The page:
Telefónica Takes Knife-Edge Victory In Leg 2, Stage 1
Team Telefónica will charge into 2012 as leaders of the Volvo Ocean Race after snatching victory over CAMPER with Emirates Team New Zealand in a thrilling finish to the first stage of Leg 2 from Cape Town to Abu Dhabi.
The final 24 hours came down to an intense match race between Iker Martínez’s Telefónica, winners of Leg 1 from Alicante to Cape Town, as well as the Cape Town In-Port Race, and CAMPER.
The stakes were high as the two teams headed towards the secret safe haven, with CAMPER needing to finish in front to leapfrog Telefónica to go top of the leaderboard.
Chris Nicholson’s team got close, leading for long periods over a thrilling final battle between Christmas Day and Boxing Day, but in the end Telefónica came through, grabbing the definitive lead with just eight nautical miles to go.
They held on to finish at 1757.20 UTC on Monday, just one minute and 57 seconds ahead of CAMPER.
"It was a really complicated race and we were fighting all the way through," Martínez said. "For sure, it was really, really tough."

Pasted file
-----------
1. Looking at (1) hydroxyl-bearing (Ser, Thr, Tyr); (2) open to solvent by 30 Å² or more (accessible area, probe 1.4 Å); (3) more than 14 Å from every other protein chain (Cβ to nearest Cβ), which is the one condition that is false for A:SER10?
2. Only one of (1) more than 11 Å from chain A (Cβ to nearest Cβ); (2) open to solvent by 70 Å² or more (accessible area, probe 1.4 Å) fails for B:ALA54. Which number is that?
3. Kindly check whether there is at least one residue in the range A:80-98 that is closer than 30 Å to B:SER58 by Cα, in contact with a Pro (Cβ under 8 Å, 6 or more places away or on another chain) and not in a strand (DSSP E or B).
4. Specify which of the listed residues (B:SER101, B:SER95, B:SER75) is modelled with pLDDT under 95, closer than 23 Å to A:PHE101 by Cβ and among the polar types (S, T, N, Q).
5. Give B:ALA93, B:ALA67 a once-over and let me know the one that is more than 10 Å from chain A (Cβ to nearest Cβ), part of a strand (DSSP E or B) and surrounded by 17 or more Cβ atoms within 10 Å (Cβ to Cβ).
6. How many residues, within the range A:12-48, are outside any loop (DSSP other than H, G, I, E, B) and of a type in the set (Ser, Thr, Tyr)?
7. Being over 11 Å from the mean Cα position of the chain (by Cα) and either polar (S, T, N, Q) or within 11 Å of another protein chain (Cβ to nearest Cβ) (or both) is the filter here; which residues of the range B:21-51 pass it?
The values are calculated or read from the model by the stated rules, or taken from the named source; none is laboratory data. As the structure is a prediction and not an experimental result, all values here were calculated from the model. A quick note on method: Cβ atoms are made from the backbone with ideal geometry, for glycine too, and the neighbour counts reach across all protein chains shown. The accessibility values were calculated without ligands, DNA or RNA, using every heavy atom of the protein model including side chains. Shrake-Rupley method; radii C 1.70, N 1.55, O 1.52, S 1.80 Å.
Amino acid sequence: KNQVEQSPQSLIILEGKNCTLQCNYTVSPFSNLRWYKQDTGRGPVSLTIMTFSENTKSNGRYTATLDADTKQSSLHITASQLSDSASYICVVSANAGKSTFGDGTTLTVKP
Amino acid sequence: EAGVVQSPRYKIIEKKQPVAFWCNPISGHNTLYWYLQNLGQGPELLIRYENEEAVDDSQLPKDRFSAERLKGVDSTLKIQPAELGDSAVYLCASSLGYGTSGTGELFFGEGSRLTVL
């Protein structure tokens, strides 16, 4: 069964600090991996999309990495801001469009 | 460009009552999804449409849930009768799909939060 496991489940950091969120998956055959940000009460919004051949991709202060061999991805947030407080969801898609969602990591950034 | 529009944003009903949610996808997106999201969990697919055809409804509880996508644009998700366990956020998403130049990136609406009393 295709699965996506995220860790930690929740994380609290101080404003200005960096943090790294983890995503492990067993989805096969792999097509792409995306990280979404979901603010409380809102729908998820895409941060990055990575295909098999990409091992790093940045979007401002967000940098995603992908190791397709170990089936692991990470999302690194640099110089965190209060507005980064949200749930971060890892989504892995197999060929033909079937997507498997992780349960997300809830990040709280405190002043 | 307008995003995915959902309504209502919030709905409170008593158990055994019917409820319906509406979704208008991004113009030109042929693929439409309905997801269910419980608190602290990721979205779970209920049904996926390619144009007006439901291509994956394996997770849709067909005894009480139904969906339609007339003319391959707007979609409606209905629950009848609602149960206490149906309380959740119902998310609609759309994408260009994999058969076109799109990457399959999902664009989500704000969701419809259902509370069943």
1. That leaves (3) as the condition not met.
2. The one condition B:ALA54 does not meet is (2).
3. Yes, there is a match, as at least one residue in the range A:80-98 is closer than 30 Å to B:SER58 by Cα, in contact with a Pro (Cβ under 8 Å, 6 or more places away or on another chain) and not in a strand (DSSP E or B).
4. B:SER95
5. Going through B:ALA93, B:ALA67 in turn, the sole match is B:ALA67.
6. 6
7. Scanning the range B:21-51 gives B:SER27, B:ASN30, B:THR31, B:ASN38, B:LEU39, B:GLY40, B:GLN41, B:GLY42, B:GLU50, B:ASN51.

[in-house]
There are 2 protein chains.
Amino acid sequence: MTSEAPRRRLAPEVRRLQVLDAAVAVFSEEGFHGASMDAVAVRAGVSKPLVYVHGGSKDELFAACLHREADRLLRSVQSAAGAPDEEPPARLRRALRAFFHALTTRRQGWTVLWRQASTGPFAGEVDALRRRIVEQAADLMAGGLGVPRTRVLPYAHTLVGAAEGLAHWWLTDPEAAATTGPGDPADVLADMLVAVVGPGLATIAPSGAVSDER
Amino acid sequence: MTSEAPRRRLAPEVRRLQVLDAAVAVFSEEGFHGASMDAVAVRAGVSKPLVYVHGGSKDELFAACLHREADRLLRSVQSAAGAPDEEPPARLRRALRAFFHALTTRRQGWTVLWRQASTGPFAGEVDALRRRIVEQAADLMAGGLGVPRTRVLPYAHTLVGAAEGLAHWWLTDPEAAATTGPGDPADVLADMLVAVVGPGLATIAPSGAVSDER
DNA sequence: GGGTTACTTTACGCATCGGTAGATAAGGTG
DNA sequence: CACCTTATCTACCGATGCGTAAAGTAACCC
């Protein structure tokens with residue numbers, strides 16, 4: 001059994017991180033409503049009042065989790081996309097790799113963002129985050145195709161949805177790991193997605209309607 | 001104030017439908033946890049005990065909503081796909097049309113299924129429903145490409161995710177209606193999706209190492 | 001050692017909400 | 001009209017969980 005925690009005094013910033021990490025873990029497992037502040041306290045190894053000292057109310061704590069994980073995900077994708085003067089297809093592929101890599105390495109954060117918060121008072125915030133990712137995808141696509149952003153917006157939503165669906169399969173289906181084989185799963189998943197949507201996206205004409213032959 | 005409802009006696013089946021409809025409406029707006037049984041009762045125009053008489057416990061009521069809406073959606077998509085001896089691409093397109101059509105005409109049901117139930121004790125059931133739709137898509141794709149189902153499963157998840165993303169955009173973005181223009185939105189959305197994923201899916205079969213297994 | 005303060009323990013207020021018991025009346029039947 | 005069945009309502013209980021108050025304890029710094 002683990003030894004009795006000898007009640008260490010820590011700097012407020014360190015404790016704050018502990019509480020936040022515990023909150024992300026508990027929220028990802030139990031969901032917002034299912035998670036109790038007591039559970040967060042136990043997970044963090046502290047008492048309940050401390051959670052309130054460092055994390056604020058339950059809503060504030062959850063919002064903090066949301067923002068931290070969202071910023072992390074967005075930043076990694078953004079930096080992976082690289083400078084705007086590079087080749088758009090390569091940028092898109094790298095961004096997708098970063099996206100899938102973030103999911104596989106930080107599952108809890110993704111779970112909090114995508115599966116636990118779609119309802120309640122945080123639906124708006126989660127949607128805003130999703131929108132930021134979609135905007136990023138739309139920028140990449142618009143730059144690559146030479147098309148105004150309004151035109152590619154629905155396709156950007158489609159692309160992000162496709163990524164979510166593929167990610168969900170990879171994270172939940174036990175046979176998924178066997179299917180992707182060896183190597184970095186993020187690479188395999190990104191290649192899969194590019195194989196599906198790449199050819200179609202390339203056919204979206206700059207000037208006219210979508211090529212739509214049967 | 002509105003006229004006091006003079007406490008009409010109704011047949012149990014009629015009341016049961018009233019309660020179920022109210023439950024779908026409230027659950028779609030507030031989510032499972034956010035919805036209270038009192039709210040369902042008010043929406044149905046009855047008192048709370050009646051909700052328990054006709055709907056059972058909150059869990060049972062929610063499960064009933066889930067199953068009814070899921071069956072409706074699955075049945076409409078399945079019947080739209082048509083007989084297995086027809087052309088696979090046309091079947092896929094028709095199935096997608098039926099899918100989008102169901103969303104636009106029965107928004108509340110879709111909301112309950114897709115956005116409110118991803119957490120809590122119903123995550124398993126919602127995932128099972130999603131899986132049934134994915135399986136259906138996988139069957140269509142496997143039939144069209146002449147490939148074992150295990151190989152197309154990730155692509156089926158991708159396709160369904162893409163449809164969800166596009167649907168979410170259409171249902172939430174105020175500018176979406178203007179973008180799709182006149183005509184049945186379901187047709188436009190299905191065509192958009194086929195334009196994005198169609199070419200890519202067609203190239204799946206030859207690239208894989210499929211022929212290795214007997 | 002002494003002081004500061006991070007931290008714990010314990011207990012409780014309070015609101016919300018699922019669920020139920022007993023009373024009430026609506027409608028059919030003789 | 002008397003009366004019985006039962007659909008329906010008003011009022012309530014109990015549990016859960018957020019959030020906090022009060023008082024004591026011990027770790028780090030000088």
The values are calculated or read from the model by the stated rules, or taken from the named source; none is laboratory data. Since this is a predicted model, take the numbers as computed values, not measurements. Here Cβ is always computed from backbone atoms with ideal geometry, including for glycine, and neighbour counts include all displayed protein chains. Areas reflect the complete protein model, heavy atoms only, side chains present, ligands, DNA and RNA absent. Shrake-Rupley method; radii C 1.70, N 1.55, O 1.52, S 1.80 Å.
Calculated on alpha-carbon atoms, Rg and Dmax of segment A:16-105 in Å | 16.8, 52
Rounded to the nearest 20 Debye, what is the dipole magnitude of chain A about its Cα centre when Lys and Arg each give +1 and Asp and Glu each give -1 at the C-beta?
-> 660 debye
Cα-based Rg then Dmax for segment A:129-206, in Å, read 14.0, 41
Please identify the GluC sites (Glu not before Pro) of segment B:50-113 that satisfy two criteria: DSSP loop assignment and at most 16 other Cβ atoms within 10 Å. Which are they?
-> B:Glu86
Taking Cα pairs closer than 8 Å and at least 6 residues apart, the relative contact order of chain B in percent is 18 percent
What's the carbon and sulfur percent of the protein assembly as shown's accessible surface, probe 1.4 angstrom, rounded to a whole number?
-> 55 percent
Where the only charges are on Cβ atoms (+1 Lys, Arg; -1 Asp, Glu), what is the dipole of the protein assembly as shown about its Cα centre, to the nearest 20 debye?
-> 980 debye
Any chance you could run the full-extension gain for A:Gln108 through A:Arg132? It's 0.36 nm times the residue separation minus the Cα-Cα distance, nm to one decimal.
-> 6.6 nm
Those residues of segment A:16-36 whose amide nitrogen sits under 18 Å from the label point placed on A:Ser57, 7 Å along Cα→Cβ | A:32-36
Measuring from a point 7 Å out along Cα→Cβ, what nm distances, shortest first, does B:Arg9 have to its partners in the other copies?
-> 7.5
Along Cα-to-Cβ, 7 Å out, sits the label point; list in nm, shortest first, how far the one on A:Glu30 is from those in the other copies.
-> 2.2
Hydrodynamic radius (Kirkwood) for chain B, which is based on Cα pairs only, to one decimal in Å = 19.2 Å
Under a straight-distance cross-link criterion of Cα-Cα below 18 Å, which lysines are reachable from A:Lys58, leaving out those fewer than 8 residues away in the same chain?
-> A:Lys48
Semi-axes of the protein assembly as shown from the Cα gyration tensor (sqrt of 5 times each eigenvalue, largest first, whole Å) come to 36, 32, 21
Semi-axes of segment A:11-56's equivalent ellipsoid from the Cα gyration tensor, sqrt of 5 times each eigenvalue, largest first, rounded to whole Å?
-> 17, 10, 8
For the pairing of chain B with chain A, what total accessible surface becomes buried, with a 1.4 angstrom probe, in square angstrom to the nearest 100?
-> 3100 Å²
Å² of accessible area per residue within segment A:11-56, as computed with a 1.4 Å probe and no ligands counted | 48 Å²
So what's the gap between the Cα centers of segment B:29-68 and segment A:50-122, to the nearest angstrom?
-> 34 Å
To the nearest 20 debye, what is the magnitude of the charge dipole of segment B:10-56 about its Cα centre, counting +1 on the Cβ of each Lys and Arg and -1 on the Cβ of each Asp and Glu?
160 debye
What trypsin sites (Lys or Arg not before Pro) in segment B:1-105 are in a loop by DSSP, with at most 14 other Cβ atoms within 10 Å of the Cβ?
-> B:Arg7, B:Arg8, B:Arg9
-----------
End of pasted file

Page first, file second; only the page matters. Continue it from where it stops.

The result remains provisional after CAMPER informed race management they had raised a protest flag over a manoeuvre made towards the end of the race.
Telefónica claimed 24 points for first place in the first of a two-stage, 5,430 nautical mile (nm) leg to from Cape Town to Abu Dhabi, where 80 per cent of the available points have been awarded. CAMPER take 20 for second.
The provisional leaderboard sees Telefónica top with 61 points, followed by CAMPER on 54.
The finish line was set at an undisclosed destination to protect the six-boat fleet from pirate activity. The boats will now be shipped to a point off the Sharjah coastline in the northern United Arab Emirates in time to start what is sure to be an exciting, day-long sprint to Abu Dhabi in early January for the remaining 20 per cent of the leg points.
PUMA Ocean Racing powered by BERG are currently in third place, followed by Groupama sailing team in fourth and Abu Dhabi Ocean Racing fifth. Team Sanya were forced to suspend racing and head for Madagascar, where they are repairing the rig and focusing on getting in shape for Leg 3 to their home port of Sanya in China.
After a brief period at the head of the fleet for both CAMPER and Telefónica as they fought light airs out of Cape Town, both found themselves at times near, or even at the back of the fleet.
On day four, December 14, Telefónica crossed the notorious Agulhas Current off Port Elizabeth first with CAMPER in fourth place, 44 nm behind the blue boat. As the fleet fought to free themselves from a trough that had formed between two low-pressure systems, it was Telefónica who was still looking sweet, while CAMPER had slipped another 20 nm back. The pot of gold which was the new northerly breeze waiting on the far side of the trough seemed frustratingly out of reach.